Between polio and the jihadist pox


Dr M Taqi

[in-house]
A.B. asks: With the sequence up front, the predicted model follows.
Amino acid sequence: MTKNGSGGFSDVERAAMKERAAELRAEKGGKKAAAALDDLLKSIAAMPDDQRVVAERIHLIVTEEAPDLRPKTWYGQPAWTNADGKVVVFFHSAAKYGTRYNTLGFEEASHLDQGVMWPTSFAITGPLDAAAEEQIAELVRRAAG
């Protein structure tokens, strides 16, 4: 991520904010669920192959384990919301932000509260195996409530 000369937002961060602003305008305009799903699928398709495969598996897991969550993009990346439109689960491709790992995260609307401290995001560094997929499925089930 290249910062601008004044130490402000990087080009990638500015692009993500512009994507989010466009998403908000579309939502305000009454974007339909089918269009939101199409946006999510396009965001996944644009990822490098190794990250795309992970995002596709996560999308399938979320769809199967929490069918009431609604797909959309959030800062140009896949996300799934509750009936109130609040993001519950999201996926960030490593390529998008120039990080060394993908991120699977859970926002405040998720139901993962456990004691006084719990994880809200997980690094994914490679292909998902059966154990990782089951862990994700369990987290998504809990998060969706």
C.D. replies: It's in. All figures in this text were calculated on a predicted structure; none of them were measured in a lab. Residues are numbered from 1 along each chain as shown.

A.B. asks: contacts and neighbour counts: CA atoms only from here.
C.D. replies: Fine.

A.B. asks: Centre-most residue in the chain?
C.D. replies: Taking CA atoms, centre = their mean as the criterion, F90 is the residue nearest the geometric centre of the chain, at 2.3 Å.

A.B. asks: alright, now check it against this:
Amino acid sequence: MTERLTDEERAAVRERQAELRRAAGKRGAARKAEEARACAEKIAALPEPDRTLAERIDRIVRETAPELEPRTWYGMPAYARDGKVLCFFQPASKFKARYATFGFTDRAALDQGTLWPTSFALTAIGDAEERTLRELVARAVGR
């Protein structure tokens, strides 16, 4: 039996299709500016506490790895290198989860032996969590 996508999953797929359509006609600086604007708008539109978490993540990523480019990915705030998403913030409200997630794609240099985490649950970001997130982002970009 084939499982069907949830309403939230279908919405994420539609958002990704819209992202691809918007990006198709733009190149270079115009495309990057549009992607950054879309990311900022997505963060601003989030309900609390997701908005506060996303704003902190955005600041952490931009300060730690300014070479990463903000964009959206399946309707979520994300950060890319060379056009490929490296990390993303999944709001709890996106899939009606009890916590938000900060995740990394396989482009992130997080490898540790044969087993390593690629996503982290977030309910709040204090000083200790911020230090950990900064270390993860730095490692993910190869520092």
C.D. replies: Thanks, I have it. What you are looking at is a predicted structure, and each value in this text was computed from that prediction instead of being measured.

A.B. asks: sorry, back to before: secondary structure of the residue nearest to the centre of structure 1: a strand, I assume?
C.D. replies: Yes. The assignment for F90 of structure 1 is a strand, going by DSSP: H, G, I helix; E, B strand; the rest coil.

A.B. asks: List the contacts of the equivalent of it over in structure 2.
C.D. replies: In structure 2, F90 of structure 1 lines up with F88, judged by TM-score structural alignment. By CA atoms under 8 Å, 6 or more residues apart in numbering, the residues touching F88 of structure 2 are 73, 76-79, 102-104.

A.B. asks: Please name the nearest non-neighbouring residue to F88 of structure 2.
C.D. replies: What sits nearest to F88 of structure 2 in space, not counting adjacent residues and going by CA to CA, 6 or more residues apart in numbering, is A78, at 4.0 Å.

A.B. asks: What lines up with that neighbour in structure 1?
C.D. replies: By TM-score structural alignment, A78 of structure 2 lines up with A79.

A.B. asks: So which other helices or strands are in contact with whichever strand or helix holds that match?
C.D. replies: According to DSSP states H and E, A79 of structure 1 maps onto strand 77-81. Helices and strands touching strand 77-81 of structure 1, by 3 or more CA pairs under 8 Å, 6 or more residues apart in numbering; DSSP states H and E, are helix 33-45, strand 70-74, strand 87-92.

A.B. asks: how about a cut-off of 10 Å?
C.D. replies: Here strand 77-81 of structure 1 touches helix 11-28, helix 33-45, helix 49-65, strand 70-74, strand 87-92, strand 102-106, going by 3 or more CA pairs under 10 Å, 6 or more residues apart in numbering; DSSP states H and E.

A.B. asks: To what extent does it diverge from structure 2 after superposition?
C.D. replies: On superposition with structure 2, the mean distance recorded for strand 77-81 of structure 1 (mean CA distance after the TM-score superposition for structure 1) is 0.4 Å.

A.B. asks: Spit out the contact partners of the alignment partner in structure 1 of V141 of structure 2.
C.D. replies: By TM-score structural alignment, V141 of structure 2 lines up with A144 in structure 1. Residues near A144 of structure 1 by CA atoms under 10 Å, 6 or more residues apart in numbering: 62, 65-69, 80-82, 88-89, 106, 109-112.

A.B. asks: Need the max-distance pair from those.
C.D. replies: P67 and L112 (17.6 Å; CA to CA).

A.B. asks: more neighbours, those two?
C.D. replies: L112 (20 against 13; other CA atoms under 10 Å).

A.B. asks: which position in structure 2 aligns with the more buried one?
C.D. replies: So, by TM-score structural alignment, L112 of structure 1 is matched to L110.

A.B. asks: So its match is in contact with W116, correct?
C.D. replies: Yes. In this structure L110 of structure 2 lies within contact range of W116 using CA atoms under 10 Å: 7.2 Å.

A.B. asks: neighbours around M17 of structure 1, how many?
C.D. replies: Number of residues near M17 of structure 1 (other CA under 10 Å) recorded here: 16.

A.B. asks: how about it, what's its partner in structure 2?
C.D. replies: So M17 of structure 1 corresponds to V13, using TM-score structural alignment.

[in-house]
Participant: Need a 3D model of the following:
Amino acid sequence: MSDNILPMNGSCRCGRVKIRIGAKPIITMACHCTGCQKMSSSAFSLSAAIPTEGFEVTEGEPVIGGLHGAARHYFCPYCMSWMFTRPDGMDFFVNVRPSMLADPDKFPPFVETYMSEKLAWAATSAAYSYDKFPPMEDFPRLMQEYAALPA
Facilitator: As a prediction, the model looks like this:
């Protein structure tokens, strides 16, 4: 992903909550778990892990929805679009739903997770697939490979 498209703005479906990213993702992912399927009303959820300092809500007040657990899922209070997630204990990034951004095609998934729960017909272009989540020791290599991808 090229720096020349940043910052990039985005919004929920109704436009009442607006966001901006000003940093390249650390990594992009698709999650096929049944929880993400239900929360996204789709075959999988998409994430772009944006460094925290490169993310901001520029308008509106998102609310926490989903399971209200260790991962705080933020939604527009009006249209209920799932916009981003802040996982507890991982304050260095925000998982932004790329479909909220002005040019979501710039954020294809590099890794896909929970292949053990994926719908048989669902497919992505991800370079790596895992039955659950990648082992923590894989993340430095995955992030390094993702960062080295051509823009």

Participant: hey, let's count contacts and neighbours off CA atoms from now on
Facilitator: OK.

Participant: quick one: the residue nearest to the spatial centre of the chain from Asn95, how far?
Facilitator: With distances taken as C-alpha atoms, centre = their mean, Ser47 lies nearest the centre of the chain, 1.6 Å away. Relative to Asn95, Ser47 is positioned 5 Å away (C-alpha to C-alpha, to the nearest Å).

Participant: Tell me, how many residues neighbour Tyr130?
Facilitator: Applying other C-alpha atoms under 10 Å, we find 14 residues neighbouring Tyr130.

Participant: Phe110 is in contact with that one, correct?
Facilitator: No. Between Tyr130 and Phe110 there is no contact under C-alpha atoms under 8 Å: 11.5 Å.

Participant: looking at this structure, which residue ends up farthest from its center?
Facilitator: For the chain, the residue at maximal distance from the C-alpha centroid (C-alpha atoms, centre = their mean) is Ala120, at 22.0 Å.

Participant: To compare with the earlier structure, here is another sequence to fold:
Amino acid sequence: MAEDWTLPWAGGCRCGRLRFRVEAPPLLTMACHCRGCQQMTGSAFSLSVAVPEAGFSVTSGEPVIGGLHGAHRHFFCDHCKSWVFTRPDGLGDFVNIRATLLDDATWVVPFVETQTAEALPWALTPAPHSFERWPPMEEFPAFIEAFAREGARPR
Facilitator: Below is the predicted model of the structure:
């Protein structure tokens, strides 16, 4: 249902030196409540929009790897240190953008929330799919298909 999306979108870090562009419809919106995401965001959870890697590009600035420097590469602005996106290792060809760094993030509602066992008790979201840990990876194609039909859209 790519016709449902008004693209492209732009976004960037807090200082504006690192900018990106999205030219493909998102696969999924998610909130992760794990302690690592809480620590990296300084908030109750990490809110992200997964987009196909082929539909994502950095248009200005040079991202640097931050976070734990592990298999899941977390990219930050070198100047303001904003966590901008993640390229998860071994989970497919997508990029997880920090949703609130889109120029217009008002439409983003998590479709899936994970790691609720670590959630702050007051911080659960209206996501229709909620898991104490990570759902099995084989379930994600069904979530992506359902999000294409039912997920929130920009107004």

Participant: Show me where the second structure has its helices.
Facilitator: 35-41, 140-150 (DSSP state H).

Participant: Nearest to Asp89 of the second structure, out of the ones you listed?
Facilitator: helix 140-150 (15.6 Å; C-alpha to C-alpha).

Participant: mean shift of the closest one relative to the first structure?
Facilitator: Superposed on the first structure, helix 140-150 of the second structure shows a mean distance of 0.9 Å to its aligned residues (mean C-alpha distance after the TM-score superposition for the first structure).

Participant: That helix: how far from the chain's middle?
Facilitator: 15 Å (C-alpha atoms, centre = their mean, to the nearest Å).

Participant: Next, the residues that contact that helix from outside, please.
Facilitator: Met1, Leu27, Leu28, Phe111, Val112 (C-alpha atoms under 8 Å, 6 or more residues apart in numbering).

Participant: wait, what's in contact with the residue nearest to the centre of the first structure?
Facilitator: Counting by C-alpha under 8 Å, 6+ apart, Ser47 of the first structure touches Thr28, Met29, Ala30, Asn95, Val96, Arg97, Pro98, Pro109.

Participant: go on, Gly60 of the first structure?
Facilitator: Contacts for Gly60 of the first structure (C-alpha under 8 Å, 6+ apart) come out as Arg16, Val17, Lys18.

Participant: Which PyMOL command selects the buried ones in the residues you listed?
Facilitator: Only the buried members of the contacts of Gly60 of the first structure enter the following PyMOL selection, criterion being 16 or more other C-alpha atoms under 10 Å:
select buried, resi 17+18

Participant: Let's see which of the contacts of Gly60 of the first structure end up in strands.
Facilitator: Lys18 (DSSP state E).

The religious extremists were co-opted by the security apparatus, not by the civilians. The signal to decommission them also has to come from the brass Mankind has been practising some form of vaccination since almost when it first discovered diseases and understood that those conditions could kill, disable or disfigure. Ancient populations knew, for example, that people could be immunised against smallpox by inoculating them with it. The practice of scarification where the inoculums — the material taken from the afflicted person — was applied on to small superficial incisions, was practised from the Far East to Europe. As far back as 1500 BC, the Indian physician Dhanwantari is said to have performed it. The Arab-Persian Muslim physician Muhammad bin Zakariya ar-Razi, known to the west as Rhazes, wrote the first treatise on smallpox in 920 AD and described the differences between smallpox and measles. Inoculation went to Europe from Turkey in 1701 when a physician Timoni described the process as he had observed it in Constantinople. The idea was simple: to create immunity in healthy people by producing a mild disease using a weak (attenuated) live or dead contagion and thus protect against the severe form of the disease. On June 18, 1774, the very young King Louis XVI of France was inoculated against smallpox. The American president Franklin Delano Roosevelt was not that lucky against his disease. He ended up becoming the most famous polio patient in history. But not just that, he also became a champion against the disease. FDR founded the National Foundation for Infantile Paralysis that is called the March of Dimes Foundation today. This organisation funded the research to develop a vaccine against polio. D. Jonas Salk along with his associates was successful in developing the first polio vaccine in 1952 at the University of Pittsburgh. The vaccine’s trial, in which 1.3 million US children participated, was completed in 1955. However, what is today given as the oral polio vaccine (OPV) was developed by a US physician Dr Albert Sabin, a Polish-American who interestingly worked closely with the Soviets to test the vaccine. The 1959 Soviet OPV trial had enrolled 10 million children. Sabin’s OPV was later tested and it became the standard in the US too. The polio vaccine is not the only shining legacy of those who stood firm against the debilitating and deadly disease. What is today known as mechanical ventilation or life support by artificial breathing machine was originally developed as the Iron Lung in 1929 to help the paralytic polio patient breathe. Fast forward to Pakistan at the end of 2012 now. Nine healthcare workers, mostly women, administering OPV have been killed in cold blood. The Taliban and/or other jihadist groups have been blamed for these heinous murders. The campaign by the religious zealots against healthcare workers as well as preventive health measures is not new. These extremists allege that the polio vaccine causes male infertility and precocious puberty in females. These charges are not new either. When iodised salt was introduced a few decades ago where thyroid disease was endemic, it was blamed for similar adverse effects. Vaccines can fail or cause allergic or adverse reactions; Salk’s vaccine did and was stopped at one point. The Soviets were however not blamed by the US for the vaccine’s failure to prevent certain forms of polio or for the impurities that caused problems. But in the land of the pure it has to be a conspiracy of the ‘infidels’ to sterilise the pure in the land. The bottom line is that one cannot empower and embolden the ultra-fanatics in matters of politics, order them to conduct violence in the name of jihad and expect that somehow this would not spill over into other areas of life. It is not possible to mobilise such legions on the street to protest the US presence in Afghanistan and expect that they would not use this same muscle to protest whatever else they feel is ‘wrong’. By sharing the monopoly on violence with the jihadists outside its borders, the Pakistani state inevitably shared it within the country too. If the man on the pulpit has been propped up to think that he can commission jihad and bring down two superpowers in less than 30 years, what is to keep him from commissioning his flock to take out a few healthcare workers? Just as it is erroneous to assume that jihadists can be programmed to operate nine-to-five and take the weekends off when told to, it is foolish to assume that once authorised to use violence for political issues they would not use it to pursue their social or doctrinal agenda. After the attack on the Pakistan Air Force base and the attached airport in Peshawar, there has been talk by some quarters that the civilians did not show leadership and take the terrorism bull by the horns. I, too, have lamented the lacklustre civilian leadership many times. However, the way the Pakistani street is mobilised to protest whatever Pakistan’s security establishment wants sends a different message to the secular political parties. Pressure applied from the street, which is given full support by the Urdu media, sets the dial to the right each time politicians try to bring it to the centre. Also, when the only Pakistani ambassador who took a firm stand in favour of civilian supremacy over the military is held hostage for weeks, it does not encourage the civilians to take charge. In this matter, even the superior judiciary had seemed to play along with the security establishment. But then again the same judiciary sent an elected prime minister packing but set free sectarian terrorists. There is no chicken and egg situation here. The religious extremists were co-opted by the security apparatus, not by the civilians. The signal to decommission them also has to come from the brass. Some clerics ostensibly being used to counter the extremist narrative have a clear agenda against healthcare issues like contraception and more ominously against the vulnerable communities like the Ahmadiyah. They openly consort with the domestic sectarian terrorists who harbour and work in tandem with the transnational jihadists. Empowering such clergymen would merely replace one set of fanatics with another and the political paralysis they have and will cause is as bad as that from polio. Using fatwas to counter fatwas is not going to work and Pakistan would remain caught between polio and the jihadist pox that is of its own making.